During the interview, you talk about all manner of things as if you don’t have a clear agenda while – if it’s not going there naturally – steering the interview back to your chosen line. The key is not to alter your tone when your interviewee gets onto what for you is the juicy stuff, to appear as relaxed when they tell you about that time they burgled the local church as you are when they talk about the spreadsheet they created for their latest project.

With Poly, the questions that have nudged politely or barged unapologetically into my private life betray that same technique. In one interview, the discussion segued casually from “I love the way you portray the children in your novel” to “Do your own kids get bullied because of your lifestyle?”.

In another, the gearstick clunked from “Yeah, Melbourne’s a real character in the novel” to “Would you describe the suburb you and your wife live in as alternative?”.

A more nuanced, and mathematical, prodding at the porousness between life and literature came out in one interview as: “What percentage of Poly would you say is based on real life?” To which I blubbered something along the lines of: “Emotionally, about 94%, but in terms of the action, it’s all made up.” I doubt it’s a question Agatha Christie was ever asked about Murder on the Orient Express.

I’ve also been asked whether people should give polyamory a go (and again, I can’t imagine Ian Rankin being asked if people in Edinburgh should give crime a go). Most weirdly, those types of questions put me in a position where I’m simultaneously not an advocate for polyamory – I’ve written a novel, not a manifesto – and, paradoxically, I am.

With questions such as “how many polyamorous relationships end in failure?”, I’ve answered honestly that I don’t know, but do know that 42% of marriages end in divorce and believe that equating longevity with success is a faulty metric. When asked why I’ve written a novel about “free love”, I’ve explained that free love and polyamory aren’t really the same thing – just go and google it.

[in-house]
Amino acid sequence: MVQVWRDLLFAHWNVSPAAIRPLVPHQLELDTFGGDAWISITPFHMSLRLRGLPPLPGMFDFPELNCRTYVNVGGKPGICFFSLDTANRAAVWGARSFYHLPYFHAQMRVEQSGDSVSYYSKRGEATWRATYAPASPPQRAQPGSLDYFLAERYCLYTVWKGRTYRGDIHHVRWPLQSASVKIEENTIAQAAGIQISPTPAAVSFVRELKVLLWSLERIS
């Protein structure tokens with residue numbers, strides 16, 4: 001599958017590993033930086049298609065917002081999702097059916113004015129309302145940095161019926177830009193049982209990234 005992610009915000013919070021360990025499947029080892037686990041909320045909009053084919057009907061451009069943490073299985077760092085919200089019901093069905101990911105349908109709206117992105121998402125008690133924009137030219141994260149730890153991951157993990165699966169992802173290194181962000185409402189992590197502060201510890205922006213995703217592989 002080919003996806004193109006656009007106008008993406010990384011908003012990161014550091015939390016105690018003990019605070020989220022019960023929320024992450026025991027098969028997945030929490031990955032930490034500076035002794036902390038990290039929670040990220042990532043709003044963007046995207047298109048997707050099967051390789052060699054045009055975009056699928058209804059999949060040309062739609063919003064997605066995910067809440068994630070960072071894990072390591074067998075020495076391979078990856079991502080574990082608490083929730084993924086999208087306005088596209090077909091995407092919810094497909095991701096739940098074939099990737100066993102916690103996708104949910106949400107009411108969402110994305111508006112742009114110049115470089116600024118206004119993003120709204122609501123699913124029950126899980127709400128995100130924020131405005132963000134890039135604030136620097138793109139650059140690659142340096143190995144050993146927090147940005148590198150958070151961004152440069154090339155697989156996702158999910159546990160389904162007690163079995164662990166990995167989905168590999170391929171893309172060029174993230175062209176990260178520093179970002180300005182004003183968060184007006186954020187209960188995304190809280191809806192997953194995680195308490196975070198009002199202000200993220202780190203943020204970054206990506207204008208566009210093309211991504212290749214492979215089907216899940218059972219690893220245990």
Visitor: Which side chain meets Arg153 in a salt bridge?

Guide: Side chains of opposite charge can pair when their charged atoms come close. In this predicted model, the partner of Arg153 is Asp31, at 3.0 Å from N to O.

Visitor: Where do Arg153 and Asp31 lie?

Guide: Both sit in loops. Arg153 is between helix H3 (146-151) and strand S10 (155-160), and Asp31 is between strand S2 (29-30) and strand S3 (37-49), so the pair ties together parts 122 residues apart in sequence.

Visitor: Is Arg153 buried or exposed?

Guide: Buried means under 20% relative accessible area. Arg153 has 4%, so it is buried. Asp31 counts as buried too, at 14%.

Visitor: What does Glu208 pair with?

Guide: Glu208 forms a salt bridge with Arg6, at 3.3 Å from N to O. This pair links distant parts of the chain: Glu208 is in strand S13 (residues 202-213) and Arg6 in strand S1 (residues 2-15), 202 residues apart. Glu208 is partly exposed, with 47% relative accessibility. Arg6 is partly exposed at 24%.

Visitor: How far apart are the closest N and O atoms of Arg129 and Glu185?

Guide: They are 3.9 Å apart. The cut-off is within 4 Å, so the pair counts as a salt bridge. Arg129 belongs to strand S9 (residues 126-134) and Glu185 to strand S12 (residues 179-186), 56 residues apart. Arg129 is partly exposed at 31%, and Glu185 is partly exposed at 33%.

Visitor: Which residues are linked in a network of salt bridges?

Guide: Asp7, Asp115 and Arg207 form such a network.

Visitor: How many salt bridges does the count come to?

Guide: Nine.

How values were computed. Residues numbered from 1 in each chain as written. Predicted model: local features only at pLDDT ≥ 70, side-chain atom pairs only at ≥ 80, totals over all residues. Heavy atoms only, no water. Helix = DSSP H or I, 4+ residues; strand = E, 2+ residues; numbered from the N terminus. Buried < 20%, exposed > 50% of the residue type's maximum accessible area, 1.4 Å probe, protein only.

Most commonly, I’ve been at pains to point out that, while this is the first realist polyamory novel to be published in Australia, and one of a relative handful in the world, there is no one way to “do” polyamory, no pre-ordained configuration, orientation or expectation beyond what works for the people involved.

Claiming to understand polyamory through fictional descriptions of the sort seen in the Netflix series You Me Her would be like basing your entire philosophy of friendship on the 1990s sitcom Friends. In other words, my story is just a story, not “the” story, and certainly not the “real” story about anything.

My intended epigraph for Poly – “Are birds free from the chains of the skyway?” – came from Bob Dylan’s Ballad in Plain D but had to be pulled because I didn’t want to pay the fee the record company wanted for it. I replaced it last-minute with “And they lived happily ever after …” – surely the most famous and misleading line ever written about love. It’s also a reminder that the stories we tell are stories and that real life – whatever that means – is happening elsewhere.

Poly, a novel by Paul Dalgarno, is published in Australia by Ventura Press. The Kindle edition is available from amazon.co.uk, £7.38